• The high number of individuals under the age of 35 who have moved in with their parents during this crisis highlights the need for better housing support for young people. Like many stakeholders in the Scottish housing sector, we believe there is a strong case for suspending the shared accommodation rate for under 35s, especially as many who have lost jobs during the crisis are likely to be younger people.

• Finally, we ask you to extend the backdating of benefits for those who might not have realised they were eligible and relax the criteria under which backdating is allowable.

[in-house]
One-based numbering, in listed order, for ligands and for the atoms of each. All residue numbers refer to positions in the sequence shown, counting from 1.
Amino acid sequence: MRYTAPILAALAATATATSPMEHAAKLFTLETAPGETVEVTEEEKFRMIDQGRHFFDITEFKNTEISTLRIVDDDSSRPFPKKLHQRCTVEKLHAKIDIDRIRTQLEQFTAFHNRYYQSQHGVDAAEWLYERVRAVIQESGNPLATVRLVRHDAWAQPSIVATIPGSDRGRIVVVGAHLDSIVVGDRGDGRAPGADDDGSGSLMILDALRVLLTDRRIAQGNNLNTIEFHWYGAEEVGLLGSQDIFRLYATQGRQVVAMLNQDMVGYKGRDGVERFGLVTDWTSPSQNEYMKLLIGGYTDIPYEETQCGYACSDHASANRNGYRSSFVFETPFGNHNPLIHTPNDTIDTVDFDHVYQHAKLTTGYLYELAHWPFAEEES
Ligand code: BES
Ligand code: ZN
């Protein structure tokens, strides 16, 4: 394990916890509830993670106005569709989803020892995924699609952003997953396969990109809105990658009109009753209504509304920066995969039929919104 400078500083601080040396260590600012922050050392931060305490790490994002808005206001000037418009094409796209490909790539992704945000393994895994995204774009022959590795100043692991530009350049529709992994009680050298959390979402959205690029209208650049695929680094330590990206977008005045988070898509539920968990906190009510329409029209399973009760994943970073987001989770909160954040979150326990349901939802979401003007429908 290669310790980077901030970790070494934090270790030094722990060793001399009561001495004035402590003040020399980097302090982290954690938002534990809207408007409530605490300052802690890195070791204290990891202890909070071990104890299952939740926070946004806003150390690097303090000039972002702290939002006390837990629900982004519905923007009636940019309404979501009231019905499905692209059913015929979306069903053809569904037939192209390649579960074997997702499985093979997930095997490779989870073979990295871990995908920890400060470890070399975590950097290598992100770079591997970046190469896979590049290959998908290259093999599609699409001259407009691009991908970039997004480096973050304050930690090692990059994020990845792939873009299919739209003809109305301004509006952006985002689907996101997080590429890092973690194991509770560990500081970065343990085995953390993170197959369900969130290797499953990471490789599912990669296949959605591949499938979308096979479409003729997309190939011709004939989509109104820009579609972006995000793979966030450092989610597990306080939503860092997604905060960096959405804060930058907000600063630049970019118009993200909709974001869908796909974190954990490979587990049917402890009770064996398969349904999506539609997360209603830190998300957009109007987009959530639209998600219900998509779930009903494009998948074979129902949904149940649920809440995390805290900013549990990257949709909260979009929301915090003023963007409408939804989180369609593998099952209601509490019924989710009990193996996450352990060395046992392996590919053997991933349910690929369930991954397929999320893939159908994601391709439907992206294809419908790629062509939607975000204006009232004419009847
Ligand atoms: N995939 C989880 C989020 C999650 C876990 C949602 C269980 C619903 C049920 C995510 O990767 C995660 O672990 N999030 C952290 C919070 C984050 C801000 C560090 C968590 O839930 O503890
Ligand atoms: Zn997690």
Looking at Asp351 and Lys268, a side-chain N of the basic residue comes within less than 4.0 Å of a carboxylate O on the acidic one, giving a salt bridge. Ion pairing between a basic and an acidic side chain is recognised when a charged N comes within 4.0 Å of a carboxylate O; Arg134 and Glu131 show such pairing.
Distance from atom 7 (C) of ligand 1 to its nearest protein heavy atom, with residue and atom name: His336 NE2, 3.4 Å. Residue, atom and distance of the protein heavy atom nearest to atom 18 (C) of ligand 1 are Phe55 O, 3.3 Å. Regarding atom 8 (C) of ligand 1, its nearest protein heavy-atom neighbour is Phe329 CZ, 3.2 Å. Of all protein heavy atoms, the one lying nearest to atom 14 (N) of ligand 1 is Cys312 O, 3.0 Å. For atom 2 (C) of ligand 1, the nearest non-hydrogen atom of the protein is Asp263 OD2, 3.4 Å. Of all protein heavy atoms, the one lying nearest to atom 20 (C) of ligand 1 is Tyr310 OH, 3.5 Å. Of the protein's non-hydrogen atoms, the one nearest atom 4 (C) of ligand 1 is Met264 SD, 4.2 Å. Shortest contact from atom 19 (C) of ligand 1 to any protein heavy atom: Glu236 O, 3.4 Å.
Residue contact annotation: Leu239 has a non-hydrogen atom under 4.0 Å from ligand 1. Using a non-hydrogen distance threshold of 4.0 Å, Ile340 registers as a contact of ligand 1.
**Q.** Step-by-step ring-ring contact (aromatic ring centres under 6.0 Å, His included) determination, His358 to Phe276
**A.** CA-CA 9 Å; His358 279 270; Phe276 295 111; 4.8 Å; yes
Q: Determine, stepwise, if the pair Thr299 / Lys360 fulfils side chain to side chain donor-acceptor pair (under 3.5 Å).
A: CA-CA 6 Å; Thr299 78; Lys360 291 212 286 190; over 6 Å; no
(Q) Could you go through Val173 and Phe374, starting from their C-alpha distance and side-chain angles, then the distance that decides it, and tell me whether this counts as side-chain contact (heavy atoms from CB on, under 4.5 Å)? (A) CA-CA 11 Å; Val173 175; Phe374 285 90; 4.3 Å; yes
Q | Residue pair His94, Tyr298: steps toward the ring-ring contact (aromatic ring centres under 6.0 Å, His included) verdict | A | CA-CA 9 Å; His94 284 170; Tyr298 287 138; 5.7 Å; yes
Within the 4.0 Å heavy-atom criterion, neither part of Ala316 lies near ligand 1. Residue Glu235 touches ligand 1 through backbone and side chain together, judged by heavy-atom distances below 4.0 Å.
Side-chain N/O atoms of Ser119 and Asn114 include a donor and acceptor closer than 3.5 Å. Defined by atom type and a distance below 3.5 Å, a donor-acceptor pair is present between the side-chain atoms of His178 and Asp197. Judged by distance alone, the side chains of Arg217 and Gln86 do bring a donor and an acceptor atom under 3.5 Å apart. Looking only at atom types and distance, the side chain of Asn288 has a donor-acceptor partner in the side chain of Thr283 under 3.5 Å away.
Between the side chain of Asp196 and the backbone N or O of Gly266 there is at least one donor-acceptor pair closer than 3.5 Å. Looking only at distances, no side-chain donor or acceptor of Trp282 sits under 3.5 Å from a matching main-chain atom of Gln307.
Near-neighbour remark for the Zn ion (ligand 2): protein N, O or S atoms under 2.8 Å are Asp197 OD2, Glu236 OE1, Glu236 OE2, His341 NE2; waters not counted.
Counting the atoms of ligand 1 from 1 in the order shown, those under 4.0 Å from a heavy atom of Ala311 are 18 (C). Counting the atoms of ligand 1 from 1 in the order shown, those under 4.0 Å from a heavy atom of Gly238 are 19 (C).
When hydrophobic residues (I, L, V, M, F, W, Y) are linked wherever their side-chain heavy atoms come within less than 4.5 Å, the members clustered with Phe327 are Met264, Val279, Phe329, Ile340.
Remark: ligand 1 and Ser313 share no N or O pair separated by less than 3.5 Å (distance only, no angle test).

The Resolution Foundation figures are concerning and the risk to households who rent their homes is immediate and pressing. We must work collectively to act now to support a group of people facing mounting rent arrears and financial difficulty they would not have if they were mortgage holders. You will be aware of similar calls from leading homelessness organisations who are hearing concerns from their clients.

I am happy to discuss any of the points raised in this letter and wish to further reaffirm the offers from Scottish ministers to work with you on any other actions you are considering in response to COVID-19. I hope that by working together our governments can provide the most effective form of support during this crisis and afterwards.

Kind regards